Posted by Jason O on Jan 31, 2011 in Election 2011
, Irish Politics
Could Ireland's Polly Toynbee have been elected?
Fintan O’Toole’s “Thanks but no thanks” piece in the Irish Times here, on top of David McWilliams decision not to run, isn’t that surprising. When one has been a candidate, one knows those moments, from sitting in pubs with people telling you “You should run!” to that moment of dawning realisation, when you start looking at what it takes to run a credible campaign (Something which I, by the way, didn’t) in terms of money, time, effort and above all, bodies.
The truth is, Irish elections and Irish political ideas run on seperate tracks, and often never meet. Fintan and David both had to ask themselves did they have not only the resources outlined above, but also the sheer physical stamina to knock on doors and encounter hundreds of people who could not give a damn about the bank bailout but want to know why you won’t buy €50 worth of raffle tickets for their son’s soccer team, and why you are an absolute bastard if you don’t.
Having said that, there is a big question: We keep saying that people can’t get elected solely on national issues, but has anyone ever tried? The smart money has to be against it, but it sure would have been fascinating to watch how they would have gotten on. Shane Ross, given where he’s running (where The Irish Times is the local paper) is in a unique constituency anyway, but just imagine what it would have said for the country if Fintan had been elected in Dublin North West? Imagine the signal that would have sent about speaking down to the voters.
Alas, we’ll never know now.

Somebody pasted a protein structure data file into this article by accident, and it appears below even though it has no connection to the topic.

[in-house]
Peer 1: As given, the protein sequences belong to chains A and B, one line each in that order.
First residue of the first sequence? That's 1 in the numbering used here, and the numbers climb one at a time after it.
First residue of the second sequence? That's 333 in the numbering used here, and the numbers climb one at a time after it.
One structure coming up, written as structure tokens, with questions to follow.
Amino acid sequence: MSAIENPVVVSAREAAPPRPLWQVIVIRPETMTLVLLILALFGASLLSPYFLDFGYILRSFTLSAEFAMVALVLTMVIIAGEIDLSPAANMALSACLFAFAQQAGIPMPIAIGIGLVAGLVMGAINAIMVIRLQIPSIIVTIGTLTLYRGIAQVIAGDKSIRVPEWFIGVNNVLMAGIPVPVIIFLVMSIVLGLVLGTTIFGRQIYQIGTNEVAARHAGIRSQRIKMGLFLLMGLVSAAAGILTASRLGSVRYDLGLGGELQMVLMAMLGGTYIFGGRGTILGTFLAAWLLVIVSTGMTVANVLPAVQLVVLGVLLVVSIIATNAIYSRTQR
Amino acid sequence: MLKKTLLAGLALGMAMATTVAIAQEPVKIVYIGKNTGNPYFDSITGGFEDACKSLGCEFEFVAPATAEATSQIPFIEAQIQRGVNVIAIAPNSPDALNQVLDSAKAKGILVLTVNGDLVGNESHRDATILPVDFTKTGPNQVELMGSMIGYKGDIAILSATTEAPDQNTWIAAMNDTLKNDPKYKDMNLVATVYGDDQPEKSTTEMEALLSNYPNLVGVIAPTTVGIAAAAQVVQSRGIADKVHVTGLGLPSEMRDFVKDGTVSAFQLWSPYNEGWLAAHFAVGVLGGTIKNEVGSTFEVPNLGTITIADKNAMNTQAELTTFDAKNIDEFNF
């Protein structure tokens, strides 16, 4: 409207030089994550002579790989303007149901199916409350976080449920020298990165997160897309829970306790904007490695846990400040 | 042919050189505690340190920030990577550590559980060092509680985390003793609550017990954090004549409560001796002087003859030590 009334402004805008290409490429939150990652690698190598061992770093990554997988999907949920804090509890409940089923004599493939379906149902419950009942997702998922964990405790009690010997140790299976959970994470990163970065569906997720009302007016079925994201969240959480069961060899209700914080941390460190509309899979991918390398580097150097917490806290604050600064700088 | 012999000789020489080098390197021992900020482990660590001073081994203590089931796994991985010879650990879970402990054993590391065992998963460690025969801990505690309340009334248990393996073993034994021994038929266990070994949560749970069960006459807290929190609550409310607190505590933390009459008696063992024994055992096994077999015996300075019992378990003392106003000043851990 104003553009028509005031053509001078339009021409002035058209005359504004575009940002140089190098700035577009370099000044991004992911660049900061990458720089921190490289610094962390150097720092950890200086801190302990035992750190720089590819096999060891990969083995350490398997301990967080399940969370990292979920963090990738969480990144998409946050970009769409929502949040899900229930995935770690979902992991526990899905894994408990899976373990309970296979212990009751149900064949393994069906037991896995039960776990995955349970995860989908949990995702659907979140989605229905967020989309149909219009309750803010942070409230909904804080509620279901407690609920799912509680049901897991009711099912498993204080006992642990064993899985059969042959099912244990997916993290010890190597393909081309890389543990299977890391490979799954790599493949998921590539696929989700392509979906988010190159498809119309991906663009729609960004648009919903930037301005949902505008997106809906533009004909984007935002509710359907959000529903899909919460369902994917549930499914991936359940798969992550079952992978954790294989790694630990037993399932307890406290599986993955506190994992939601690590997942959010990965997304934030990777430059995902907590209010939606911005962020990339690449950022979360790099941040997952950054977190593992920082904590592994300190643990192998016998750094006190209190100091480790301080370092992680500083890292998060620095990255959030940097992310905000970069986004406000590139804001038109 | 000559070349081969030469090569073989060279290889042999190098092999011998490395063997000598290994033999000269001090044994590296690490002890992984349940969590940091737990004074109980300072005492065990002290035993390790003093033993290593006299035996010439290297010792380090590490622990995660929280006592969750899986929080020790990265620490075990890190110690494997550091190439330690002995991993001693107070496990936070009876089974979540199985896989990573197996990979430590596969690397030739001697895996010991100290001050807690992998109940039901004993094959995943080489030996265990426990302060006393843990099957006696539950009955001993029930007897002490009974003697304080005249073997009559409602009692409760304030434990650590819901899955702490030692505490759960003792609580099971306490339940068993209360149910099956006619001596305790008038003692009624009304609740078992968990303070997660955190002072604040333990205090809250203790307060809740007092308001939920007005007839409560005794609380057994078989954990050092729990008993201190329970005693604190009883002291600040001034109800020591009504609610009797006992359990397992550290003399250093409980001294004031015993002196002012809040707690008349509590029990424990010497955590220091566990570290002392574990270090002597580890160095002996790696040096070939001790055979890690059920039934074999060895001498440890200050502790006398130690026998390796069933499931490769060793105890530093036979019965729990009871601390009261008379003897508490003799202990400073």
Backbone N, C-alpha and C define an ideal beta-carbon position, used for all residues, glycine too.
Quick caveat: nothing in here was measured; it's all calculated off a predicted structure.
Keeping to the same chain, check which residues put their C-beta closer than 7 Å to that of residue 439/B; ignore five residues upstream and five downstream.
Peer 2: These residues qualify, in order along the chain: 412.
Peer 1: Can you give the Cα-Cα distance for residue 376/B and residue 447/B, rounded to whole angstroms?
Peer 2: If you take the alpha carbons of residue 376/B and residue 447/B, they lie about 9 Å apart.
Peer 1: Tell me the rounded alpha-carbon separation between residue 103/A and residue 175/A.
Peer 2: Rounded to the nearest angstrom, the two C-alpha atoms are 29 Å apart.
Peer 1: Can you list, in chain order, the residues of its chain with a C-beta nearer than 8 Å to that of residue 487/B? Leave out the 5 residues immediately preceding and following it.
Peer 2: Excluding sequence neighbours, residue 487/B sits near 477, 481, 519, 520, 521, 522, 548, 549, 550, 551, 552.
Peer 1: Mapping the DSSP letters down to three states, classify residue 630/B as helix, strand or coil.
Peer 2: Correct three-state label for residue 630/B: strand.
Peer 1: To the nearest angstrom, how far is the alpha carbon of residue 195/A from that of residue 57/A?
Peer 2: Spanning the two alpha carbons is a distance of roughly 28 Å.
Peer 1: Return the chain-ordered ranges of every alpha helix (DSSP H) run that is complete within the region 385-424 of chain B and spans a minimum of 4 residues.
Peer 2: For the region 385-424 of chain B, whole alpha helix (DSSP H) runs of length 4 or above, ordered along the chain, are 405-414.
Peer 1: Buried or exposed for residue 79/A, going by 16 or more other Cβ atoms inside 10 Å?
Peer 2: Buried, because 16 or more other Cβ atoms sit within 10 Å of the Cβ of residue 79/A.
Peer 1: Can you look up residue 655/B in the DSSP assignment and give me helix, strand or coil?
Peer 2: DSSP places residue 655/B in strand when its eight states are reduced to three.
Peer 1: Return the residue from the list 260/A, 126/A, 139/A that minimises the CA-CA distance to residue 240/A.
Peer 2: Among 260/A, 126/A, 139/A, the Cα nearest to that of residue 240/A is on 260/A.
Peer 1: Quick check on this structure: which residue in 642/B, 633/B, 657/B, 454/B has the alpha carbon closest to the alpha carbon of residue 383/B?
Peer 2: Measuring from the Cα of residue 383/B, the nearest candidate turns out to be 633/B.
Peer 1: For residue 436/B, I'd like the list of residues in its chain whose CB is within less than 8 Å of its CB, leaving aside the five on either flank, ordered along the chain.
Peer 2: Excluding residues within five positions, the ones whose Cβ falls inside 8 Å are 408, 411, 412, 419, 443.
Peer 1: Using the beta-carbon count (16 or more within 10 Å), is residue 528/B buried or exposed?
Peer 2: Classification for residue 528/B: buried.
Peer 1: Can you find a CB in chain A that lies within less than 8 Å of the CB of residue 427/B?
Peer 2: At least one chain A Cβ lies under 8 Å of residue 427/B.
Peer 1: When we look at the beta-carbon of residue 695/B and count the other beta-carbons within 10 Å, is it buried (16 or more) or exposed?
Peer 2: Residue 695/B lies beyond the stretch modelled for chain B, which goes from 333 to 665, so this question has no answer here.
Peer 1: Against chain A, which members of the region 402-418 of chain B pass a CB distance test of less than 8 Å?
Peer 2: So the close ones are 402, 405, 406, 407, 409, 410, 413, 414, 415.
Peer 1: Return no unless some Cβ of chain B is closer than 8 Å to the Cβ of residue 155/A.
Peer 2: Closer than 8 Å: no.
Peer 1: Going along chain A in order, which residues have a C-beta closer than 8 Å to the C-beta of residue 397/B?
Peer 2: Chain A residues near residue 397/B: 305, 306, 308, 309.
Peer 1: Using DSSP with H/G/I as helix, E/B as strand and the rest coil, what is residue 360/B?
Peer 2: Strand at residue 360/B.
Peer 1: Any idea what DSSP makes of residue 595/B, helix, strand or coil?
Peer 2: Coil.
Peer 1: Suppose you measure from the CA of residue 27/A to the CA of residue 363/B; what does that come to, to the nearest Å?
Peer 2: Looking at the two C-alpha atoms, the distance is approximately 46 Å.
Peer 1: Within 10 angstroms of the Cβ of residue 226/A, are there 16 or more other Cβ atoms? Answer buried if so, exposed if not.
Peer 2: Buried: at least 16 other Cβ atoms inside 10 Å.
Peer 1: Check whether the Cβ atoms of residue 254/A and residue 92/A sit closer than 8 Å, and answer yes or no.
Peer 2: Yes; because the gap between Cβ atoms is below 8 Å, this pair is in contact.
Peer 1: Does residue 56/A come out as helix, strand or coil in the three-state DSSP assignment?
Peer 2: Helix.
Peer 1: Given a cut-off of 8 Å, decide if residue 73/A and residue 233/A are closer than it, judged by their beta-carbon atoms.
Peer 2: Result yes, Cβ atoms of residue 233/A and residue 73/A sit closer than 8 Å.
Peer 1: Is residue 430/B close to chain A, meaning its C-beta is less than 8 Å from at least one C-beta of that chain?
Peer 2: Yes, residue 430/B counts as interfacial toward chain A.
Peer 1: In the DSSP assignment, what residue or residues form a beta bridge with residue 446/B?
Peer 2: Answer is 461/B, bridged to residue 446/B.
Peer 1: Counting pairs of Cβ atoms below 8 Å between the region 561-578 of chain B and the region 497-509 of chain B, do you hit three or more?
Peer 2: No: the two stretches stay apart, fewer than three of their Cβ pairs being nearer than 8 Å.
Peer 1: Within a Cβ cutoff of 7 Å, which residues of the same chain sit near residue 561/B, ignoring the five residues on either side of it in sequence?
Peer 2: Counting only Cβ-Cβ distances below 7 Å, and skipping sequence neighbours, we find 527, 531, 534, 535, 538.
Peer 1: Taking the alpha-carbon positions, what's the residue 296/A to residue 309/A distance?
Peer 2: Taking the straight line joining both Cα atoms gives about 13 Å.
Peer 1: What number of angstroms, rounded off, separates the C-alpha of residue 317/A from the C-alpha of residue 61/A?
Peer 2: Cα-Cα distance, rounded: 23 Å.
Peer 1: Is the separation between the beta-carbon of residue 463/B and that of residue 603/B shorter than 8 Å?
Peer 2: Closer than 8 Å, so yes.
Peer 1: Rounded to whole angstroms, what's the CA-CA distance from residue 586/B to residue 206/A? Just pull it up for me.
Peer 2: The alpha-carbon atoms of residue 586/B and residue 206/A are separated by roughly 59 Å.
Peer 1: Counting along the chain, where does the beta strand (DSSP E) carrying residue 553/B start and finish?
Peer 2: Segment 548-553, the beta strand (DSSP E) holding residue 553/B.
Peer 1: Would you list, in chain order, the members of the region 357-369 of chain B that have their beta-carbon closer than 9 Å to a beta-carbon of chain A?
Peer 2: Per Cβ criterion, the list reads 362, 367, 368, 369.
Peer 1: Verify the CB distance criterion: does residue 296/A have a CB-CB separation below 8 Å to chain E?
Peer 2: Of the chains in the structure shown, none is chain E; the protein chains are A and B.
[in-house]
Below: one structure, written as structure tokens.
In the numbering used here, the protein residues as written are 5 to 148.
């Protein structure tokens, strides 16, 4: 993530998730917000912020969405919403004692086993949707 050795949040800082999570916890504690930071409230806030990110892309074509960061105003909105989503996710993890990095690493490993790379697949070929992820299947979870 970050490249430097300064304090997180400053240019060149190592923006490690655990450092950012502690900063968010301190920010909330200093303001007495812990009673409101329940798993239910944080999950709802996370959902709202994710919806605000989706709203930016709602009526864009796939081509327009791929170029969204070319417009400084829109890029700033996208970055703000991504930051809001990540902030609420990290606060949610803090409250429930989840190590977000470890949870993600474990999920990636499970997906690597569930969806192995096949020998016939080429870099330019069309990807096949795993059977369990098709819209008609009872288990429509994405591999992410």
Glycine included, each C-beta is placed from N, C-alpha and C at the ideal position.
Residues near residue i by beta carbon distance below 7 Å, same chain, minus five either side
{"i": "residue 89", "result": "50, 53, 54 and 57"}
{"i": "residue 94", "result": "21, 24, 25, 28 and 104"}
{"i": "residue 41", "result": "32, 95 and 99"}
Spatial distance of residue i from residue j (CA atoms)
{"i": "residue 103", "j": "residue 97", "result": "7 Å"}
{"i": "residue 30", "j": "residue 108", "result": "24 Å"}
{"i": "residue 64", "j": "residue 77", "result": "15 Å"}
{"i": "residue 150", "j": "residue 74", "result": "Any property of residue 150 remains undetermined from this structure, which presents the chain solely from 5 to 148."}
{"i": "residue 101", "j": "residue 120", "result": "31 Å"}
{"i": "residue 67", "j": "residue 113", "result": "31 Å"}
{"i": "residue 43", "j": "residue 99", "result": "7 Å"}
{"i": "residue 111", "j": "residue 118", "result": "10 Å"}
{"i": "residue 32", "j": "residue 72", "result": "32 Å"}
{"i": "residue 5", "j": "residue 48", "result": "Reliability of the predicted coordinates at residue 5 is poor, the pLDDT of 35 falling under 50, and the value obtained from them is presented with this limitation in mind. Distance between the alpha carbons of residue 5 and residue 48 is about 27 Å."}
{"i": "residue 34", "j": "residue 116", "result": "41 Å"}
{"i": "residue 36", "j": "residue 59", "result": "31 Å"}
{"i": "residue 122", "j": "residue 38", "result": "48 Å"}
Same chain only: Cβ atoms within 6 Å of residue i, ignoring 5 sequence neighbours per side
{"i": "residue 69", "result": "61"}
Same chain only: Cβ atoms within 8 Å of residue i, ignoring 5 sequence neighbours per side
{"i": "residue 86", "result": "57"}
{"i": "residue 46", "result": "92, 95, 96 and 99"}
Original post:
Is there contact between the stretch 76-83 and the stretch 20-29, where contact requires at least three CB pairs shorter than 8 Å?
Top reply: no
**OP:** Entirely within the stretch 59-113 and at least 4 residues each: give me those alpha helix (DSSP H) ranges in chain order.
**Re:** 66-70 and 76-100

Icy icy baby!
On paper, she’s electoral gold. She’s pretty, young and well-educated. She looks great on a poster and even better in real life, bringing that X factor to politics. Except she doesn’t. When you meet her, she smiles at you and shakes your hand and affects to listen to you, yet you can’t help notice that the smile has all the warmth of an open fridge full of fish fingers. In fact, you can’t help feeling that the smile is like that of some sort of alien doppelganger, like someone who has only learnt how to smile late in life and is trying to copy someone else a little too hard.
Her earnest look is betrayed by that flicker as you talk to her, that millisecond when she looks over your shoulder to identify her next port of call. Yet the smile remains rigid, even though you know she’s not listening. And there’s the test right there: If you were to suddenly say to her “My mickey is unusually heavy. Would you like to see?” She’d keep smiling, her brain miles away, whereas a really good and forthright candidate would at least ask: “Fair enough. Will it increase the chance of me getting a number one?”
Posted by Jason O on Jan 30, 2011 in Election 2011
, European Union
, Irish Politics
Mammy lays down the law. Again.